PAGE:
Using Sports for Urban Planning? How Indianapolis, Indiana Became the ‘Amateur Sports Capital of the World’
Indianapolis, Indiana is home to the National Collegiate Athletic Association headquarters, the National Federal of State High School Associations and several NCAA athletic conferences. This hub of amateur sports associations may seem coincidental, but in fact, it was carefully planned. It is said that Indianapolis is branded as the “Amateur Sports Capital of the World.”
In the 70s and 80s, Indianapolis began updating and building sporting arenas in order to make the city more desirable for large sporting events. In 1987, the city hosted the Pan American games, where athletes from thirty-eight countries competed. It is argued that hosting the Pan American games was the turning point for Indianapolis. Since then, Indianapolis has hosted men’s college final four games, Big 10 events and even the Super Bowl.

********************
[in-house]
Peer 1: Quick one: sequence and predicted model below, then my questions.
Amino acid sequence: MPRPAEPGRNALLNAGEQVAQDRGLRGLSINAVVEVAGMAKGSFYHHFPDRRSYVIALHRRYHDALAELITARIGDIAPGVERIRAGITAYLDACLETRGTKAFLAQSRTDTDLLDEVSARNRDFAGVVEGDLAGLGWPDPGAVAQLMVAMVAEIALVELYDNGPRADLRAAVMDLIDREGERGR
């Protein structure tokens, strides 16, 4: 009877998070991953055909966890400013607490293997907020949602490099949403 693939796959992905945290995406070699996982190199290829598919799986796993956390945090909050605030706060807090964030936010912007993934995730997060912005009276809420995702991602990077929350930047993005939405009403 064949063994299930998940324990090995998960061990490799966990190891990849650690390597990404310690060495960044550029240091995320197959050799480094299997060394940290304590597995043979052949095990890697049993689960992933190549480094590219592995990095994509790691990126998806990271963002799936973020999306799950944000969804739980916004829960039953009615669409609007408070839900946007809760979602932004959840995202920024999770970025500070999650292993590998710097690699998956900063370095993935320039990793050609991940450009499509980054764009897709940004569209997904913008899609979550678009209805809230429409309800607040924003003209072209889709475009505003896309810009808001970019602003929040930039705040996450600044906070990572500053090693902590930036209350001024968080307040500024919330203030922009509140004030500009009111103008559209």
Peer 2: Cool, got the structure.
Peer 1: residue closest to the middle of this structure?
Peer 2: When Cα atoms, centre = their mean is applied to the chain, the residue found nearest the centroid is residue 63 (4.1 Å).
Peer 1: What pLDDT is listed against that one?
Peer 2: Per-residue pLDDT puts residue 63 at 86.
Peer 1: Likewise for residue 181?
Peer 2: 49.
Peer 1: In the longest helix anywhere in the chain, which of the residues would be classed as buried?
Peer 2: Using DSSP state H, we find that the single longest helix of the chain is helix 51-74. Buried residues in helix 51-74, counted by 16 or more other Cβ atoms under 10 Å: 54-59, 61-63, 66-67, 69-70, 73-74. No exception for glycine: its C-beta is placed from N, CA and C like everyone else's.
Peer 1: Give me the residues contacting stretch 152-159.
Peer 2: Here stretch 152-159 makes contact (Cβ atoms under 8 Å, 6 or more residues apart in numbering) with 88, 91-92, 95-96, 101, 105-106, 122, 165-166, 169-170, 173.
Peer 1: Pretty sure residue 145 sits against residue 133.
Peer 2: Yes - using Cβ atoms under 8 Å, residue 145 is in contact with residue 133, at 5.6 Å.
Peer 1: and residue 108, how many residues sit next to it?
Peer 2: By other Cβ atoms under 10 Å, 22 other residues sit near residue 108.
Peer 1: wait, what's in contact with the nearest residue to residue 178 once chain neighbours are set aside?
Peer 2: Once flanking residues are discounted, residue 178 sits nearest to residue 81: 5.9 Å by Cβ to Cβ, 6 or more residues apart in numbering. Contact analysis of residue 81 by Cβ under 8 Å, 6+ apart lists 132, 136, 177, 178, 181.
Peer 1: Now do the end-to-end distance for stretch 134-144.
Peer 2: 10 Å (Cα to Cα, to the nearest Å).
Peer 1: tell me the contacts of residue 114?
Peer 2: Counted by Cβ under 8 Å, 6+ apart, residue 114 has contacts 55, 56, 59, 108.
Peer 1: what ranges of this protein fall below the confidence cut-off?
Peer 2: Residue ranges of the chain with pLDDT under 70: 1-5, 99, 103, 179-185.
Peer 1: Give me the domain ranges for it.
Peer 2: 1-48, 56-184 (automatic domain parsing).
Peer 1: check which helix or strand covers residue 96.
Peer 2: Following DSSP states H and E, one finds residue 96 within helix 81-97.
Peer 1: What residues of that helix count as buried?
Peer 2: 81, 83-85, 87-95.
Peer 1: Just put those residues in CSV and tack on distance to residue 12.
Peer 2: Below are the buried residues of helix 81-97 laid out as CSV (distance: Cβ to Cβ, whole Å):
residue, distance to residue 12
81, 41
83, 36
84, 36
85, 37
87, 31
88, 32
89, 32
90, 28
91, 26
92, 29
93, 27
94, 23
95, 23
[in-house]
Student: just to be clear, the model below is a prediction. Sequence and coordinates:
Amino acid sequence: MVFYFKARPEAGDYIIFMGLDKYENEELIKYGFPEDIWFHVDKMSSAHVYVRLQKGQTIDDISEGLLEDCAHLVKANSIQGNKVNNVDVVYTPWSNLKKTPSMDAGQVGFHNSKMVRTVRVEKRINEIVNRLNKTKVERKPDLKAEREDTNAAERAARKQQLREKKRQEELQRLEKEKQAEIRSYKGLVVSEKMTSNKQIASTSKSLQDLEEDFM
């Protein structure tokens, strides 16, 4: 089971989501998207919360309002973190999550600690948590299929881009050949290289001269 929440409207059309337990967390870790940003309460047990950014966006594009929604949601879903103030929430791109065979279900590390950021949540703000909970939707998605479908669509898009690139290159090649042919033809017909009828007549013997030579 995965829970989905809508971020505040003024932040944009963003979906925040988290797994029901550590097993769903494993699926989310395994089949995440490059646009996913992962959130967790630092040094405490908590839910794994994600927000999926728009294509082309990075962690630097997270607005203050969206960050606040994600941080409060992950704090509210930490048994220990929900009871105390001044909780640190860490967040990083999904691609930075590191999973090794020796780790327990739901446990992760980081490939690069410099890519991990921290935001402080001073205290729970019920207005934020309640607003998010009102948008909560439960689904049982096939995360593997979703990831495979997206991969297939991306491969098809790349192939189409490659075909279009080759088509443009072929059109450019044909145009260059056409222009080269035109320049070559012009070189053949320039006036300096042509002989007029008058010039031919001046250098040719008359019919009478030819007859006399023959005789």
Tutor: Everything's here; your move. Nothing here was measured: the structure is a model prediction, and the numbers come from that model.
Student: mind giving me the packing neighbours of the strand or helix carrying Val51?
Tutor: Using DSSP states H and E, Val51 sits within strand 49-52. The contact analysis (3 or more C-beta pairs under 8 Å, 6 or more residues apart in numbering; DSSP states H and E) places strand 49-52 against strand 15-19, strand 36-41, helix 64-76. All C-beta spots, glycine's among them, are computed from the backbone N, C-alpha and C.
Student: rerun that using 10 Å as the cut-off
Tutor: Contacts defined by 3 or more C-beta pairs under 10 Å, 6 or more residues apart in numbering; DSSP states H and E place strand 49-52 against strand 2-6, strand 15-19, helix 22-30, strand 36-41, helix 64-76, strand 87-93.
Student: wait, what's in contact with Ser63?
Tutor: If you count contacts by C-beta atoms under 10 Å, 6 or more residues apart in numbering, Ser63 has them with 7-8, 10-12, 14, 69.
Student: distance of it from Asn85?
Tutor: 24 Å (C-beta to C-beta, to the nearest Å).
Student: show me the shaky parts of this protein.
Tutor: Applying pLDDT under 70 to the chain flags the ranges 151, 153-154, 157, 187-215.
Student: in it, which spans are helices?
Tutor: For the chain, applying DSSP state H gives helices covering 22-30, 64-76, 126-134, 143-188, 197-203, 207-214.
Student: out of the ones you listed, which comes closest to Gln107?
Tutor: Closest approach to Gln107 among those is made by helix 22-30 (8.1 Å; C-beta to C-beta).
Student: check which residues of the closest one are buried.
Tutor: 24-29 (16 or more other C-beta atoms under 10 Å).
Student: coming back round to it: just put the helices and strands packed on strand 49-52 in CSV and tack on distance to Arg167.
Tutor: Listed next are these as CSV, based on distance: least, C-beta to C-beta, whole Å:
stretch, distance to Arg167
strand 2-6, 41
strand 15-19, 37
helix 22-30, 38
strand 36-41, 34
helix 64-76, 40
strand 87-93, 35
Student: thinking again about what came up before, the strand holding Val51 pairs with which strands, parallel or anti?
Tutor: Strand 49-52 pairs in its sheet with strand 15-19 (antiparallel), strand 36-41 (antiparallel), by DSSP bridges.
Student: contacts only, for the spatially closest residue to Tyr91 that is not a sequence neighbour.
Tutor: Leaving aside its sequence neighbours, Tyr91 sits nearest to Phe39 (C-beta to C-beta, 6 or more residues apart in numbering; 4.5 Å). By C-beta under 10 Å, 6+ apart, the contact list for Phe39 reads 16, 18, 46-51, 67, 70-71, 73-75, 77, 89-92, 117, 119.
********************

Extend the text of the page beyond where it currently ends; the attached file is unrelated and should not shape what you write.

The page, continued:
In 1999, the NCAA narrowed the search for its national headquarters down to Kansas City, Oklahoma and Indianapolis, Indiana. Indianapolis was declared the winner, since it is a more central location and over two thirds of NCAA members are east of the Mississippi River.
The NCAA Hall of Champions, a museum dedicated to the greatest moments in NCAA history, is just across the way from the national headquarters. The museum is situated along the Indianapolis Canal Walk with several other museums.
The NFHS serves all fifty states and the District of Columbia as a guide for rules and regulations for sports for young men and women. They focus on providing youth with interscholastic sports opportunities to improve success in everyday life and looking towards the future.
Indianapolis realized its potential early on, and utilized urban planning and economic development practices to create a mecca for amateur sports by improving facilities, which then increased their chances at hosting big events and becoming the headquarters of many sports related associations.
Does your community use sports to its advantage? How does your city incorporate sports teams into a way of branding downtown or neighborhoods?
Credits: Images by Laura Granieri. Data linked to sources.